NASA's moon-smashing mission may not have provided a huge show for the folks on Earth, but now there's sweet vindication for scientists. The plume of lunar debris kicked up from ancient lunar crater kicked up 24 gallons of water, LCROSS mission staff reported today.
The October 9th impact from the main LCROSS impactor sent one plume arcing high above the rim of the crater Cabeus, and ejected another curtain of debris more laterally. Scientists identified water's light-absorbing signature in the plume by examining data from the spacecraft's spectrometers. They may have also spotted other "intriguing substances" that have lain dormant within the crater for billions of years.
"The concentration and distribution of water and other substances requires further analysis, but it is safe to say Cabeus holds water," said Anthony Colaprete, the lead LCROSS scientist at NASA's Ames Research Center in California.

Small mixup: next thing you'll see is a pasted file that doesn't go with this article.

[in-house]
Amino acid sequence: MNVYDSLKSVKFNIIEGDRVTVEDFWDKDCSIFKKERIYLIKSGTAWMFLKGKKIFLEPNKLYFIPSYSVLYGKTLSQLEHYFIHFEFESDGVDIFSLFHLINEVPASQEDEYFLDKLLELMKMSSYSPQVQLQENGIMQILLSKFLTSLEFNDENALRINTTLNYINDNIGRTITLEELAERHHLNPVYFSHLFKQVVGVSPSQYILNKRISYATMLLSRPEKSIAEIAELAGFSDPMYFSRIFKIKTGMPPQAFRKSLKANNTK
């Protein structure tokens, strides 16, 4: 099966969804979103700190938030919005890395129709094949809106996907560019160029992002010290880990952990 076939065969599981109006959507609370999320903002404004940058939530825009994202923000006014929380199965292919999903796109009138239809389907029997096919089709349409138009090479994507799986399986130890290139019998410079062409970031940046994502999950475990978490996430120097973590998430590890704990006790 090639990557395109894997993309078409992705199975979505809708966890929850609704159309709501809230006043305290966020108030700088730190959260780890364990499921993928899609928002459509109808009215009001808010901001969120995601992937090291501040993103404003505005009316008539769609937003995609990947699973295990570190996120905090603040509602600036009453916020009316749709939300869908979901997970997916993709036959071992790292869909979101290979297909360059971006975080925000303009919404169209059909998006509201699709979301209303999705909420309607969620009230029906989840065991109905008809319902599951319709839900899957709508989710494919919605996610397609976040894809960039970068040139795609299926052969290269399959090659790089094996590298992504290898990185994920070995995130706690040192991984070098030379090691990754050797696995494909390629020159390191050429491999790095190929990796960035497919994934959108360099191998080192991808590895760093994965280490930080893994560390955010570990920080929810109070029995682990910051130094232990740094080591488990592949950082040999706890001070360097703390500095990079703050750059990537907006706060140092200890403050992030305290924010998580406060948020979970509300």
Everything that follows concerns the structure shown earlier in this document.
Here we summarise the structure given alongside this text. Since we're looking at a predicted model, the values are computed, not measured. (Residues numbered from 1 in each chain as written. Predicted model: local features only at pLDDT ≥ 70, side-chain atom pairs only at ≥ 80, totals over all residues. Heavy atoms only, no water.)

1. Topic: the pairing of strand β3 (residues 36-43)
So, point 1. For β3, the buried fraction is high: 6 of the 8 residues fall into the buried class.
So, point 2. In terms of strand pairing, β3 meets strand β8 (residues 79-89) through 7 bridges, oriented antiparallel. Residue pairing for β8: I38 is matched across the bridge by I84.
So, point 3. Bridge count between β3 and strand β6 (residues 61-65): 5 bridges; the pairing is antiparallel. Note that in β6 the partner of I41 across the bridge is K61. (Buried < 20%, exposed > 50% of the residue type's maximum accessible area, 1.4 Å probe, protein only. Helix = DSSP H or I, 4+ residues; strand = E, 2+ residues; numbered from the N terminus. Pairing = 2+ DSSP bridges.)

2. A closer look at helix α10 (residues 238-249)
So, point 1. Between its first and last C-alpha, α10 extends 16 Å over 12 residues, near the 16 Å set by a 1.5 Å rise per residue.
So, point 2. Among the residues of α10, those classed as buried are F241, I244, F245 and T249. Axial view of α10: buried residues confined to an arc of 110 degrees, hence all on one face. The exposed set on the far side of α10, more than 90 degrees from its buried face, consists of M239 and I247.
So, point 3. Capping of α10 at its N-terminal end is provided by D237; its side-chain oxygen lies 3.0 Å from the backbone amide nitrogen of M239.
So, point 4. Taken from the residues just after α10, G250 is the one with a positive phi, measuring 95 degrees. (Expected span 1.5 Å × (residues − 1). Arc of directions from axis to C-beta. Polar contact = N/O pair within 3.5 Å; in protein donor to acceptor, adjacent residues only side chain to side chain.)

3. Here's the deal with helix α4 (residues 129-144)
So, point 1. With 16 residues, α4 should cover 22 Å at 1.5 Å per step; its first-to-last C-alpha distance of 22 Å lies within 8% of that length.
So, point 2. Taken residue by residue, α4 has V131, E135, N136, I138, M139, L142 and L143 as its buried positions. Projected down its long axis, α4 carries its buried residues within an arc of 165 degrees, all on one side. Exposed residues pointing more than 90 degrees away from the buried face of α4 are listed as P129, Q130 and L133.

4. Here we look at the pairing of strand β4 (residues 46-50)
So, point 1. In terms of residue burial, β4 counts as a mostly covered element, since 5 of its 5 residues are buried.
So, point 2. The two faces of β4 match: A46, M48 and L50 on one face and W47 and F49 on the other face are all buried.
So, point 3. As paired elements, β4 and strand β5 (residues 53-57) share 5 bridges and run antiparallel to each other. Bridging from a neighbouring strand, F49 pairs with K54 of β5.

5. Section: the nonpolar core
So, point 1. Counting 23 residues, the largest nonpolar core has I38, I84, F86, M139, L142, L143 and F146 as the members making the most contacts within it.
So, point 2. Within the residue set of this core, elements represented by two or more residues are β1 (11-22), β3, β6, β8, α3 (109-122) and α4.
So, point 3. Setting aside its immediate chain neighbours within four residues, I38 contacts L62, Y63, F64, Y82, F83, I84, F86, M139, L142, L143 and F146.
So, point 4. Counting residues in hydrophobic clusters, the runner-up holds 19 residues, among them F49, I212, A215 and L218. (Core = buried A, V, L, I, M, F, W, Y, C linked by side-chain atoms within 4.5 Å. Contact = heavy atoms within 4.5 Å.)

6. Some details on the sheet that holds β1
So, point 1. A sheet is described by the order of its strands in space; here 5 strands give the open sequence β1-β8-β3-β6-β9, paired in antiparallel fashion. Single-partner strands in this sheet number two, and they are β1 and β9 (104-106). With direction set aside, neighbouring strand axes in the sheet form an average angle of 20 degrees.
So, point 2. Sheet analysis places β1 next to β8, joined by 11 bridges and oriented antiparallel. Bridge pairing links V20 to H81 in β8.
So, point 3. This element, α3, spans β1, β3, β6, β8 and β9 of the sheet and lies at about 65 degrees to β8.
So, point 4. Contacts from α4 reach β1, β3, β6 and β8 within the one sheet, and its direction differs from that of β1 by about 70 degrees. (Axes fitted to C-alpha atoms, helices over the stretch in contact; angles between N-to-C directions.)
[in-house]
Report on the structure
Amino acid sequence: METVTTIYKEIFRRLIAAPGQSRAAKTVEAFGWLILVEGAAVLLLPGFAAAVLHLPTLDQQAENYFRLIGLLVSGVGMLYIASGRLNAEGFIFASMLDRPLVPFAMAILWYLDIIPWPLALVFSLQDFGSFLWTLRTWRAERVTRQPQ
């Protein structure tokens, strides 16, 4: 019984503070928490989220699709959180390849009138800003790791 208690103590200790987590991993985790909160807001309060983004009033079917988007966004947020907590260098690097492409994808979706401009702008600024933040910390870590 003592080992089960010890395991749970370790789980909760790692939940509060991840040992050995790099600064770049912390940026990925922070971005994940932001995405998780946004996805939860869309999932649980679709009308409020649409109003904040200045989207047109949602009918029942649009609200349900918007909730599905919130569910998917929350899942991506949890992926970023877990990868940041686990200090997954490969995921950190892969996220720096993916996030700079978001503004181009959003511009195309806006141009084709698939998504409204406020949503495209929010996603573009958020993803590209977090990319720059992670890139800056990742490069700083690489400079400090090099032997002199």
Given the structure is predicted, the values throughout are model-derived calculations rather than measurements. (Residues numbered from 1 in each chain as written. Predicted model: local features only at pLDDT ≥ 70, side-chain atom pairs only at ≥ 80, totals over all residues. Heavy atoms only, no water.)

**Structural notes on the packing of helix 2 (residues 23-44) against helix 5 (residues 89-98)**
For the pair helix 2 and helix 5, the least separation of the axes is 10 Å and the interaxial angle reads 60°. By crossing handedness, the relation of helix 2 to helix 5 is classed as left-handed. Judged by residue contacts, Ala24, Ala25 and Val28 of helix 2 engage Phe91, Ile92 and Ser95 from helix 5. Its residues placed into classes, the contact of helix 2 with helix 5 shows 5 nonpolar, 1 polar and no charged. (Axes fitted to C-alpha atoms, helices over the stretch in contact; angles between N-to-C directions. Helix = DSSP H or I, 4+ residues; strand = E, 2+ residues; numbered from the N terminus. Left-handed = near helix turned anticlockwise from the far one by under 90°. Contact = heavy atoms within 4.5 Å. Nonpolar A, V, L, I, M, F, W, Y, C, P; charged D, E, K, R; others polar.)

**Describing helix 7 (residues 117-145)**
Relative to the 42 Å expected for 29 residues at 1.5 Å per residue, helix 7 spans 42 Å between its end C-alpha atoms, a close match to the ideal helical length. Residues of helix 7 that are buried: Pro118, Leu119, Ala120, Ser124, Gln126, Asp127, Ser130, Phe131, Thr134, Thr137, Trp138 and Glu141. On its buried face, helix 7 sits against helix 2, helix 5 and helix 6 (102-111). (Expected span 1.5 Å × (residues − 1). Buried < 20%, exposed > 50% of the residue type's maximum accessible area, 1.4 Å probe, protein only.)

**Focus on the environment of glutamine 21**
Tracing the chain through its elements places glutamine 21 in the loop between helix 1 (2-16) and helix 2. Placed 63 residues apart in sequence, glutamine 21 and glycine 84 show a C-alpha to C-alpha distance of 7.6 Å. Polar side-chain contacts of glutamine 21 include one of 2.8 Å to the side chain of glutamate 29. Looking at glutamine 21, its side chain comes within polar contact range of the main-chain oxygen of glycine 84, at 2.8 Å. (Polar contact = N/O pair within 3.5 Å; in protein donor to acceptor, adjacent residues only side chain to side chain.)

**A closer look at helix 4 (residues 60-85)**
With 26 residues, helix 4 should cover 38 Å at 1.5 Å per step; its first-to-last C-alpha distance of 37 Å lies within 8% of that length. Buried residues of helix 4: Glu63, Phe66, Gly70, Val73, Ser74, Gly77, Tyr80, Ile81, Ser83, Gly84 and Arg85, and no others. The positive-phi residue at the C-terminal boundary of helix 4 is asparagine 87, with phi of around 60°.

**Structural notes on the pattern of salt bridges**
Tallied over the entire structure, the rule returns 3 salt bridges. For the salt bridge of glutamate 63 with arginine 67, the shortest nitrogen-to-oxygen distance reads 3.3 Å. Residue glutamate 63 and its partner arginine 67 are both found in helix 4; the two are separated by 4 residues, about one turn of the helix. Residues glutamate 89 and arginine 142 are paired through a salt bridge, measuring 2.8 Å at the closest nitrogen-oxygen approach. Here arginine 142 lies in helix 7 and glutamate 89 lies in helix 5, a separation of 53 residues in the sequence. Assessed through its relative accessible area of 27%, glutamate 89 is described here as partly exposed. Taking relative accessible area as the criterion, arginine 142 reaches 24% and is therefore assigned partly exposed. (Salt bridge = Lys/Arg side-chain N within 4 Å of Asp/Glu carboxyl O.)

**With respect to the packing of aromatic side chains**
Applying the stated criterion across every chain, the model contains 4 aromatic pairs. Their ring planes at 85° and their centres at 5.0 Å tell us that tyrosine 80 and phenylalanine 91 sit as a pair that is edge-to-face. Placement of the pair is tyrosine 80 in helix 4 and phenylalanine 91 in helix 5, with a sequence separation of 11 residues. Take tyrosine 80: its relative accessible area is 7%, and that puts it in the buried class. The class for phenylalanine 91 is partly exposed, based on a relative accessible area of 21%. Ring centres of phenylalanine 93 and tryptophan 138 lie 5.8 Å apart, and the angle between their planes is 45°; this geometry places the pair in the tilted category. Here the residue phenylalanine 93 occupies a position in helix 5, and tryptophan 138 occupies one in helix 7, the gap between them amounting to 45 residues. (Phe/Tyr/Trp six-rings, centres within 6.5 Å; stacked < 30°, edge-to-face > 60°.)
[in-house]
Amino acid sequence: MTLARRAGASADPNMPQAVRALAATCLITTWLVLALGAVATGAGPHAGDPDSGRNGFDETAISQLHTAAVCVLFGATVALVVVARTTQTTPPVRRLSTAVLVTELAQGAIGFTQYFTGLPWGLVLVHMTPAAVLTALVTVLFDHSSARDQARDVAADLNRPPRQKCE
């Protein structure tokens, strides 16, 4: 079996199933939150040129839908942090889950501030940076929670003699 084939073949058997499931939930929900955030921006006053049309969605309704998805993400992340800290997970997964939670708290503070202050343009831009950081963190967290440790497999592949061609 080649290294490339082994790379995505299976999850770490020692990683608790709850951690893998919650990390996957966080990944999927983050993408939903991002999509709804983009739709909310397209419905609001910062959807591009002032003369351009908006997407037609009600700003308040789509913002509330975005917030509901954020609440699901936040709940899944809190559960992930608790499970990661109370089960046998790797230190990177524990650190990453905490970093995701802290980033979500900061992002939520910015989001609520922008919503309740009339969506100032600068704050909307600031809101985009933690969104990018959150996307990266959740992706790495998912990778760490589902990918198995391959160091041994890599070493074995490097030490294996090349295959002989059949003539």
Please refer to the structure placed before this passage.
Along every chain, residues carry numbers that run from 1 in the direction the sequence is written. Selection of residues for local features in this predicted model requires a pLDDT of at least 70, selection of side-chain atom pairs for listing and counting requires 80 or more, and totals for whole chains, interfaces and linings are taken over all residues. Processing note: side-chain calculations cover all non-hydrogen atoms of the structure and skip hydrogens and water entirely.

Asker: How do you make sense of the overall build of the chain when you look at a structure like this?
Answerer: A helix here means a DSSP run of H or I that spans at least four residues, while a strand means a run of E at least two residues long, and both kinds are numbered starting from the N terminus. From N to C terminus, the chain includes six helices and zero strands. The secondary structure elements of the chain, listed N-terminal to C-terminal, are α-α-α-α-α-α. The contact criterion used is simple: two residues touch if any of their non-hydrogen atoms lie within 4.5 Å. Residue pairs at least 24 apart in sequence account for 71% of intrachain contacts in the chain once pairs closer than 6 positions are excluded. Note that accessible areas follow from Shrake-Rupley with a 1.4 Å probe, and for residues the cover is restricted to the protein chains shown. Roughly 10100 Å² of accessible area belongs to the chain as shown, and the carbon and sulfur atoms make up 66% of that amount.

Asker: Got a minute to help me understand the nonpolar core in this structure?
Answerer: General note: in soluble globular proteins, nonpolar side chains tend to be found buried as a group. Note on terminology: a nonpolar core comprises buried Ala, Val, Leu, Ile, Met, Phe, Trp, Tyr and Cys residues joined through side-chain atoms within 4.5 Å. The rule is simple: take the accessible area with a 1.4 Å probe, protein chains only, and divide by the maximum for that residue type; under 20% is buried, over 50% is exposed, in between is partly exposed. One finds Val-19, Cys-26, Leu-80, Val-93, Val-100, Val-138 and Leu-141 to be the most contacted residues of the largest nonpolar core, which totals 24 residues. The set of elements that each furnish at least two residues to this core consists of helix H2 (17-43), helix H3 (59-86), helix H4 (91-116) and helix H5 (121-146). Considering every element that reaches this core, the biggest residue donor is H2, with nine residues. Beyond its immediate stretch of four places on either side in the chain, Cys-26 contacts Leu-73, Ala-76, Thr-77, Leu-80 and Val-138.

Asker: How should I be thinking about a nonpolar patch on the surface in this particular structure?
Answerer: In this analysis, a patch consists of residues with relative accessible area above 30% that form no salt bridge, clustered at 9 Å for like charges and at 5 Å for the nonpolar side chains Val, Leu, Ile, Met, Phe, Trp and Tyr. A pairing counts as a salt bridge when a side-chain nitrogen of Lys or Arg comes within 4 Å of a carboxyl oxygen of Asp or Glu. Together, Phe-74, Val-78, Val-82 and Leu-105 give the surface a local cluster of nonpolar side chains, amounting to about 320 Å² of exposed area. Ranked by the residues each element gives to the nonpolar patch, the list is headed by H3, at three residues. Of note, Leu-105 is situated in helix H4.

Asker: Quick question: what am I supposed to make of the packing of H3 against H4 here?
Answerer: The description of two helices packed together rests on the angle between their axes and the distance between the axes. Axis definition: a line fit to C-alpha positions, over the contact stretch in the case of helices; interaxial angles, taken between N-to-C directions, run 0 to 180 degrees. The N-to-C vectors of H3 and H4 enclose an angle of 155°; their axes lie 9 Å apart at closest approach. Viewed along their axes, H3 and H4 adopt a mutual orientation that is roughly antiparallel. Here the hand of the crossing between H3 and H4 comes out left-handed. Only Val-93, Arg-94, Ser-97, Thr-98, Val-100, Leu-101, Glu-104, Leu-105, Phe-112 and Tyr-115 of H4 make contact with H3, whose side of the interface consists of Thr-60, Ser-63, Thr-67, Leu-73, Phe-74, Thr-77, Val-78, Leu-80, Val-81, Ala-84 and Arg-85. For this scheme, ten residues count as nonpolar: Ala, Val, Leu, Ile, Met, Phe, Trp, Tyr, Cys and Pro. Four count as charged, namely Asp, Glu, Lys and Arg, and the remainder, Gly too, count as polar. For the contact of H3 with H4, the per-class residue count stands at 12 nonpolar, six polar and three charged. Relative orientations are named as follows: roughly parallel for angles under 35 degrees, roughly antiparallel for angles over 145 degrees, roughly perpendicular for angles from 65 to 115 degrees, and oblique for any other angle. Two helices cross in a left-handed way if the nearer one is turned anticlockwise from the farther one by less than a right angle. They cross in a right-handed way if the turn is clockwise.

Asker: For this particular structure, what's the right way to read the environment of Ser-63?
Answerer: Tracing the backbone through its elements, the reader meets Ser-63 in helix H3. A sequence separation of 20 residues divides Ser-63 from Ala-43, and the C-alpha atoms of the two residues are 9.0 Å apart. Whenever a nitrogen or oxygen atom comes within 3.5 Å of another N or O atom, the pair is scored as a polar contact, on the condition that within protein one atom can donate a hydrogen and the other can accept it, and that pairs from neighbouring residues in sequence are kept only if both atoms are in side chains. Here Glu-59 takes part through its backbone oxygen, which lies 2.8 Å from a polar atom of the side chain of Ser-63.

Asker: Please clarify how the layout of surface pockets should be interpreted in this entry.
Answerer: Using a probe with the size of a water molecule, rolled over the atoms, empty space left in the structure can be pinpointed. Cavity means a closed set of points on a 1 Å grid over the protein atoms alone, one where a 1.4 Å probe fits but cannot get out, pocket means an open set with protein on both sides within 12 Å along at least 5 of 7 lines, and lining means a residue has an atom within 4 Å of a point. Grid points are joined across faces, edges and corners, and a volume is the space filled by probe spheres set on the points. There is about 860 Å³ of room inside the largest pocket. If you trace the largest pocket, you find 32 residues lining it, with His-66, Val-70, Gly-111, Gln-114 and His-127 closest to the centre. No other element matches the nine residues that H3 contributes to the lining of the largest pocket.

This finding fits with earlier findings from three lunar probes that affirmed evidence of water on the moon. But the latest discovery may signal that water remains on the moon in greater amounts than just trace samples, and could point to the polar craters as future ice mining sites for lunar colonies.
NASA already has microwave technology and other ice-mining methods in the works. We can't wait for that first taste of aqua-pure filtered lunar water.